Search WWW

Pennsylvania Path of Progress

The Path of Progress National Heritage Tour Route is a 500-mile driving route that extends through nine southwestern Pennsylvania counties and links heritage sites. A federally-designated National Heritage Area, it directs visitors to key historical sites and points of interest, including four National Park Sites. Heritage sites pertain to the westward expansion of the early United States across the Allegheny Mountains, early settlement, battlefields, farming, the switch from an agrarian to an industrial society, and the Industrial Age.

Events and sites represented include: the French and Indian War, Pontiac's Rebellion, the National Road, the Pennsylvania Canal and the Allegheny Portage Railroad, the Altoona Railroaders Museum and Horseshoe Curve, the Lincoln Highway, coal mining, steel and coke production, related industries such as aluminum and glass, the Johnstown Flood, Fallingwater, and more. It was also an early source of information about hiking trails and rails-to-trails bike paths.

The signage for the main loop features two signs: the round outside shape indicates travel in a counterclockwise direction (looking down at a map). The square outside shape indicates travel in a clockwise direction.

There are additional spurs and loops along the main route. Each county has one or more loops or extensions. These are not marked by signs, but appear on maps which are available at many of the major sites along the main route.

Sites listed on a mid-1990s map (county):
1. Bushy Run Battlefield (Westmoreland)
2. Fort Ligonier (Westmoreland)
3. Fort Necessity National Battlefield (Fayette)
4. Fort Roberdeau (Blair)
5. Friendship Hill NHS (Fayette)
6. Fallingwater (Fayette)
7. Nemacolin Castle (Fayette)
8. Linden Hall (Fayette)
9. Old Bedford Village (Bedford)
10. Somerset Historical Center (Somerset)
11. West Overton Museum (Westmoreland)
12. Burnt Cabins Grist Mill (Fulton)
13. Allegheny Portage Railroad NHS (Cambria)
14. Saltsburg Canal Park (Indiana)
15. Cambria Iron Company (Cambria)
16. Limestone Kilns, Canoe Creek (Blair)
17. Eliza Furnace (Cambria) & Mt Etna Furnace (Huntingdon)
18. Horseshoe Curve (Cambria)
19. East Broad Top Railroad (Huntingdon)
20. Gallitzin Tunnels (Cambria)
21. Railroaders Museum (Blair)
22. Seldom Seen Mine (Cambria)
23. Eureka Mine 40, Windber (Somerset)
24. Johnstown Flood Natl Memorial (Cambria)
25. Johnstown Flood Museum (Cambria)
26. Johnstown Inclined Plane (Cambria)
27. Jimmy Stewart Museum (Indiana)

Into the 1990s, brochures and merchandise could be found at the various sites. After about ten years, the project began to fade due to a lack of funding after 1993, leaving only the road signs wihtout a map or an explanation.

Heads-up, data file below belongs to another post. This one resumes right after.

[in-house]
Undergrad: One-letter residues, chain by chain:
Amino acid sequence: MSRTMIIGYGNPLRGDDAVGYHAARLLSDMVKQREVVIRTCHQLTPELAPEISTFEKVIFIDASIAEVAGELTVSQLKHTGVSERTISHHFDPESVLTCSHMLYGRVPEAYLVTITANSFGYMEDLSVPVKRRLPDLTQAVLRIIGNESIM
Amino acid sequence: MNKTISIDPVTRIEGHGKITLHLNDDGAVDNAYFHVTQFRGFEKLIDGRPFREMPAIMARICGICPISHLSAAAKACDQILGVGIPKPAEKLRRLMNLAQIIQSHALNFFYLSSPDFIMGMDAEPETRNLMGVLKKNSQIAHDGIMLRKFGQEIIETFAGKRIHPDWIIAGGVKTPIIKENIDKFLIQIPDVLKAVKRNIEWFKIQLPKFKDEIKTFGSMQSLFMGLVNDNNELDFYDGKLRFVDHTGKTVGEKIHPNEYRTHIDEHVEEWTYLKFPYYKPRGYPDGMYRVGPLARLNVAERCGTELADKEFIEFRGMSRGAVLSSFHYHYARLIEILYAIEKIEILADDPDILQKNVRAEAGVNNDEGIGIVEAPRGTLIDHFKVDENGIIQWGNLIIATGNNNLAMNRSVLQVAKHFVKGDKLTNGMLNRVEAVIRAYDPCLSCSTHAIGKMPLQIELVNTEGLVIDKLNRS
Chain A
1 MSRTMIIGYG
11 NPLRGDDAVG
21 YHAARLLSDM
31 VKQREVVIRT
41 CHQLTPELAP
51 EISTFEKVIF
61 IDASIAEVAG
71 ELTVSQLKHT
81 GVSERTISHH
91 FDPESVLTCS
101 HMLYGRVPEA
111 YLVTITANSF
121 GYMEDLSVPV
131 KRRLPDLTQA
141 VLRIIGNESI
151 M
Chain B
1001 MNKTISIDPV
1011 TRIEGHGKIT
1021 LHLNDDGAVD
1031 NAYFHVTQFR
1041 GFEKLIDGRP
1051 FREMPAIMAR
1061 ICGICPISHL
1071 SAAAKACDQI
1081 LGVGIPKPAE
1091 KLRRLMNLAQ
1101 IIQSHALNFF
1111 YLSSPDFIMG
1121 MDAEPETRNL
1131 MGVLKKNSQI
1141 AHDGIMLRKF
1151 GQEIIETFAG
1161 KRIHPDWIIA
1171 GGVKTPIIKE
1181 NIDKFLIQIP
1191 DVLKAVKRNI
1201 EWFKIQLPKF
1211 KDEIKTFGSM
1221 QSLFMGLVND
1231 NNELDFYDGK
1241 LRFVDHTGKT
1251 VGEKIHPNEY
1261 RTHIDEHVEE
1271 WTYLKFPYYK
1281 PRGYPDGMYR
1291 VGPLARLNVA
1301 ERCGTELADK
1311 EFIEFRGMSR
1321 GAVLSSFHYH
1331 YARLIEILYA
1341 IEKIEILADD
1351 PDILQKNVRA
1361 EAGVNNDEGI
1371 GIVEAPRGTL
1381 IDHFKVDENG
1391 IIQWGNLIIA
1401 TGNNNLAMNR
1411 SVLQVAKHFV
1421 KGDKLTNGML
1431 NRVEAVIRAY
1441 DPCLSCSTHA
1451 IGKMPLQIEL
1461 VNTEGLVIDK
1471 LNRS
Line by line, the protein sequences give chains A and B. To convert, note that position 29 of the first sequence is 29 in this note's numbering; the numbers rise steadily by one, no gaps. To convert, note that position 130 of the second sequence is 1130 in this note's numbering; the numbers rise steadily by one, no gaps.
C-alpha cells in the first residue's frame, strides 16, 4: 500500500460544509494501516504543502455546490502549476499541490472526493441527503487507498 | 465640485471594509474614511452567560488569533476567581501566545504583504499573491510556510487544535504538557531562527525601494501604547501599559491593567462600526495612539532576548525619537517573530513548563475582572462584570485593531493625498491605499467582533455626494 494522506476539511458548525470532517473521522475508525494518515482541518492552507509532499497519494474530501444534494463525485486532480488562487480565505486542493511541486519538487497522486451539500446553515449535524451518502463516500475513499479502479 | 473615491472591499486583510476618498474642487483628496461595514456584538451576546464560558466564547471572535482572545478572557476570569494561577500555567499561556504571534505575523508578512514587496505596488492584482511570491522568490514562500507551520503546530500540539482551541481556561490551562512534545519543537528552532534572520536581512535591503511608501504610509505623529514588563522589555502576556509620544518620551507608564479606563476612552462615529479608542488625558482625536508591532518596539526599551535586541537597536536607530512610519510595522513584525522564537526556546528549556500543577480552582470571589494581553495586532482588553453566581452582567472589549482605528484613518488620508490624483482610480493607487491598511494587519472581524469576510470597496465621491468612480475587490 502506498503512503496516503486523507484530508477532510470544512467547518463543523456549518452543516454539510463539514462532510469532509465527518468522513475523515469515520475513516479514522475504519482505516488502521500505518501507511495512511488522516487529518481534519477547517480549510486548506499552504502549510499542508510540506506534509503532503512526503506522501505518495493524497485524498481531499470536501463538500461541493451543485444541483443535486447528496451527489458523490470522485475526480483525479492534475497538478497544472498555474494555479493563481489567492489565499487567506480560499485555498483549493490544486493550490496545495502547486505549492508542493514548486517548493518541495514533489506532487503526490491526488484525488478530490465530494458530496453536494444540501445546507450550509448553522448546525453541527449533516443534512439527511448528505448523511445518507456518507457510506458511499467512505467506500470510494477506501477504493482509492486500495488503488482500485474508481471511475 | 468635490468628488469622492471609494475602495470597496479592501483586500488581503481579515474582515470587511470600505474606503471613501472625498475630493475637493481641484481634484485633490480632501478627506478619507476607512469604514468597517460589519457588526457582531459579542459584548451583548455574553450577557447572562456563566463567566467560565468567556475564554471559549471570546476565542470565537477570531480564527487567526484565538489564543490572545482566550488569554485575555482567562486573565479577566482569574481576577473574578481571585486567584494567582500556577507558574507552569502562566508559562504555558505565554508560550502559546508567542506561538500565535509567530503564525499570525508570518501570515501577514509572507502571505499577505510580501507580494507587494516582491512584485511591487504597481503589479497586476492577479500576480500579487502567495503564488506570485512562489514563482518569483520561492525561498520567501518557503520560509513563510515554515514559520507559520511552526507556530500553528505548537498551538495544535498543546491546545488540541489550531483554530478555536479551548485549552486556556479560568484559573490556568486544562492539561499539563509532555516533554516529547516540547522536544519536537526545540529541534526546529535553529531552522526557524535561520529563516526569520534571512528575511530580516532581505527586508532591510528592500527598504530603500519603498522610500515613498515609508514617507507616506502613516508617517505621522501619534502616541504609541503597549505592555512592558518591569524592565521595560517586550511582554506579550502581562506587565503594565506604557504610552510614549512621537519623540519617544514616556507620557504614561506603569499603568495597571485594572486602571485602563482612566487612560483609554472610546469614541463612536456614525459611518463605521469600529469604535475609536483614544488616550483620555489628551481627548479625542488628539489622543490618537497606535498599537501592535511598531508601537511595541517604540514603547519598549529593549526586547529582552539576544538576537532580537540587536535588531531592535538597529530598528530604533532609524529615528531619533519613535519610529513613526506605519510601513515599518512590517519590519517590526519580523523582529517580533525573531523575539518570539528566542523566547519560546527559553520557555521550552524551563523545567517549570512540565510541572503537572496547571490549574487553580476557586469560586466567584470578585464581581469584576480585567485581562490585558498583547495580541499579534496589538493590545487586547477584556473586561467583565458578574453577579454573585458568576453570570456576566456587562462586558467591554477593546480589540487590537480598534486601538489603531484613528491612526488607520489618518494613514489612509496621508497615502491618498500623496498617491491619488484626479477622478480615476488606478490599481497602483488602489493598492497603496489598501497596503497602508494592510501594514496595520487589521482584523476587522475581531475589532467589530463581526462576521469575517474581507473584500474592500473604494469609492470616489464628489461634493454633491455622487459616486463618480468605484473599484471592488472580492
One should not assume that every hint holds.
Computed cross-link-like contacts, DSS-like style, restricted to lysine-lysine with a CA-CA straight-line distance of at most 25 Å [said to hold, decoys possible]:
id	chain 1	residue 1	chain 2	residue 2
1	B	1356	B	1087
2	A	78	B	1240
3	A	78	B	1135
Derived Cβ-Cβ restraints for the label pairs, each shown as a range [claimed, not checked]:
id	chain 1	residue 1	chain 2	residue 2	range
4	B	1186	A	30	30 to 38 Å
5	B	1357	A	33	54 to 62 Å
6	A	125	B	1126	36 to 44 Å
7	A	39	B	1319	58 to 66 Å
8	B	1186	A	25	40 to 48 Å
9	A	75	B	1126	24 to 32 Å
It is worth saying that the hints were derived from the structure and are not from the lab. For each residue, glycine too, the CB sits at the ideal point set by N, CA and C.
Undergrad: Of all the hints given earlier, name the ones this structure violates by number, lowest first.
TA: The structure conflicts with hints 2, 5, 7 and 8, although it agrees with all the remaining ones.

The Path of Progress was developed by the Southwestern Pennsylvania Heritage Preservation Commission and the Westsylvania Heritage Corporation (formerly the Allegheny Heritage Development Corporation). The SPHPC was created in 1987, through the U.S. Department of the Interior, to coordinate the America's Industrial Heritage Project: a regional effort to preserve, promote, and interpret the sites and stories of America's industrial heritage in southwestern Pennsylvania. The commission served as the catalyst for the project's partnership efforts, and through the conservation and commemoration of these industrial sites, the commission worked to spark economic development in the region.

The Commission was based in Hollidaysburg, PA and Johnstown, PA. The nine counties are: Bedford, Blair, Cambria, Fayette, Fulton, Huntingdon, Indiana, Somerset, and Westmoreland. Through the efforts of US Representative John Murtha of Johnstown, the program received $63 million in funding from 1989-1993.

A National Heritage Area is a site designated by United States and intended to encourage historic preservation of the area and an appreciation of the history and heritage of the site. As of 2017, there were 2017 National Heritage Areas in the U.S., including the Rivers of Steel area along the Monongahela River near Pittsburgh.

National Heritage Areas (NHAs) are not National Park Service units or federally owned or managed land. NHAs are administered by state governments or non-profit organizations or other private corporations. The National Park Service provides an advisory role and limited technical, planning and financial assistance.

NHAs are created by Congress. Each area has its own authorizing legislation and a set of unique resources and goals. Areas considered for designation must have specific elements. First, the landscape must be a nationally unique natural, cultural, historic, or scenic resource. Second, when the related sites are linked, they must tell a unique story about the U.S.

Submit info or inquiry - share some facts or ask a question.

Page created: 30-Nov-1998
Last modified: 30-Nov-1998; 25-Apr-2017